The Neukolln district is an immigrant area, with a crime-ridden reputation. Neukolln is considered the most troubled part of Berlin, and one of the worst in all Germany. This is mainly due to its frequent social problems, high crime and very high unemployment (close to 25%).
Despite its seedy reputation, the district has become popular with Berlin youth for its hip underground scene, and alternative nightlife.
Neukolln is dominated by its infamous high-rise apartment buildings. However sections of old villages survive in some places. A couple of the major housing developments include the Britz estate, which dates back to World War II, and Gropiusstadt, one of the two biggest developments in what was once West Berlin. The northern part resembles neighbouring Kreuzberg.
In the north Neukolln is home to the popular square Hermannplatz. which connects to the popular Karl Marx shopping street. Its old centre, Rixdorf, is a cluster of lovely old buildings which includes the well-preserved Bohmisches Dorf or Bohemian village.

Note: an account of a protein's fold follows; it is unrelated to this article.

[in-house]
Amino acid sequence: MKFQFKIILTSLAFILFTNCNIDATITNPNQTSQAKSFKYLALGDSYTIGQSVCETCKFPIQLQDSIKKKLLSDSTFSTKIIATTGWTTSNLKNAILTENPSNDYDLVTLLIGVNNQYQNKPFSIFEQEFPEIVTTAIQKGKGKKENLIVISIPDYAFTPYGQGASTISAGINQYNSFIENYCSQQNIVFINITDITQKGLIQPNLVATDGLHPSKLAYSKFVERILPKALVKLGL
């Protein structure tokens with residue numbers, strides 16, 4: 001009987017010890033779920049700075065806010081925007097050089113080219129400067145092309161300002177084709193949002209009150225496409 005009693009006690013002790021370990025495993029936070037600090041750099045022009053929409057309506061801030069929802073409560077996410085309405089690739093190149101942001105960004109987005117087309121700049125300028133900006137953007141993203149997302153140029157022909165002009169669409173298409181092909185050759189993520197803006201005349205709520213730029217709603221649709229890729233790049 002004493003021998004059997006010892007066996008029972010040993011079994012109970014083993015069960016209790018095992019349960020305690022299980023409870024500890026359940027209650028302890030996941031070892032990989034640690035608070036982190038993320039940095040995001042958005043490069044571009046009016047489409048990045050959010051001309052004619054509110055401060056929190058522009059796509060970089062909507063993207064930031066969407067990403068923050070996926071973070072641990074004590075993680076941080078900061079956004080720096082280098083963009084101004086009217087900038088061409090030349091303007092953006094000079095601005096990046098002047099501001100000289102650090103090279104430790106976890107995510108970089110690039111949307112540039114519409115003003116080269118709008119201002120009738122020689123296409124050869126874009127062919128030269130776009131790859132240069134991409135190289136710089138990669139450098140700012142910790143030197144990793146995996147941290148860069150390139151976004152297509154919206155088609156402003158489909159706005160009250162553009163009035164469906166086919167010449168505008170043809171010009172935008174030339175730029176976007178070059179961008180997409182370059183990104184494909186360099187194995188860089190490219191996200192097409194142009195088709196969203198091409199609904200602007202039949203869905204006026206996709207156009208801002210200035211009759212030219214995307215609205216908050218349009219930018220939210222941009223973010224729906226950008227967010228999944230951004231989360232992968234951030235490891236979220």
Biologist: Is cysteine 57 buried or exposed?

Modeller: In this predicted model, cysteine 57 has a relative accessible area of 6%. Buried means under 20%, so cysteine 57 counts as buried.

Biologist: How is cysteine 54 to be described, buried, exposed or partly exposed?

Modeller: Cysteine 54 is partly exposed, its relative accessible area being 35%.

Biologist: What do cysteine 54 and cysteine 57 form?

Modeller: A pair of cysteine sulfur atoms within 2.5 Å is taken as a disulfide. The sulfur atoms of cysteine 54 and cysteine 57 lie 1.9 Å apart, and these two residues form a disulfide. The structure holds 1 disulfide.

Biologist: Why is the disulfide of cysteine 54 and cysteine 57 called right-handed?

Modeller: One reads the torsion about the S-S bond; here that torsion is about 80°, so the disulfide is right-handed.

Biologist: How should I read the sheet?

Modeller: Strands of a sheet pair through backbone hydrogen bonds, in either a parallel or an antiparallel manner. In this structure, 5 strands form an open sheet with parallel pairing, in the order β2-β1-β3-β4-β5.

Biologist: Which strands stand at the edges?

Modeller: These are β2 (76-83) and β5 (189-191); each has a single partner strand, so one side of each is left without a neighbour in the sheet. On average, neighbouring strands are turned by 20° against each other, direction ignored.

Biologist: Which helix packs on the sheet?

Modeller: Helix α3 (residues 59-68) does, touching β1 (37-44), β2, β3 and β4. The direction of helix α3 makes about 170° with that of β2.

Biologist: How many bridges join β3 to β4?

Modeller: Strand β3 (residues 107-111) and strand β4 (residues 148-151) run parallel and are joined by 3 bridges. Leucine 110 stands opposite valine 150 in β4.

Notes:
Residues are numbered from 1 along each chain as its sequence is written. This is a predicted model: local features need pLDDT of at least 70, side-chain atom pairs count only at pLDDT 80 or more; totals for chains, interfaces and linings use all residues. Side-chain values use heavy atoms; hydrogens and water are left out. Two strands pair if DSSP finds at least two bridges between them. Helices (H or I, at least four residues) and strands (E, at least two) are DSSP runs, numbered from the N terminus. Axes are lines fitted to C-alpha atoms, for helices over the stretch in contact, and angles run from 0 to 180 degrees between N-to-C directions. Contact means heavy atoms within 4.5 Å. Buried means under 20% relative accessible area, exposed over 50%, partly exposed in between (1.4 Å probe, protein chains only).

Some places of cultural interest in Neukolln:
- The 18th century Schloss Britz is an elegant stately home and a museum and, concert and exhibition venue.
- The Islamic cemetry
- The Turkish market
- The fascinating Puppet Theatre-Museum
- The water park Neukolln Columbiabad
- The avant-garde opera house Neukollner Oper.
- The park Volkspark Hasenheide has heather and rose gardens and gymnastic trails, plus the Stadtbad Neukoelln, a restored old spa known for its beautiful stained glass skylight. The public spa officially opened in 1914 with eight different saunas, exclusive mosaic and Yugendstil architecture. After six year of renovation it reopened in 1998, completely renovated with all historic details preserved.
Britz was mostly built in the 1920s, for working-class families. One of the most interesting developments is the horseshoe building of the Britz Estate, with over a thousand terraced units.
Gropiusstadt has a poor reputation. It was built between 1966-1975 by the famous architect Walter Gropius, and originally housed 35,000 people over 264 hectares. The development's slogan was: "Licht, Luft, und Sonne!"
Unfortunately, the city built the buildings higher and denser than Gropius wanted, and added extra parking places, and also eliminated some of the large green spaces he envisaged. It originally accommodated over 35,000 residents but quickly became notorious as a problem zone. The high-rise area today houses around 40.000 people and has a questionable reputation.
Nevertheless, the area is green, and the buildings are quite attractive. There's mixed-level and income housing, allowing for the "housing career" of potentially upwardly mobile income earners.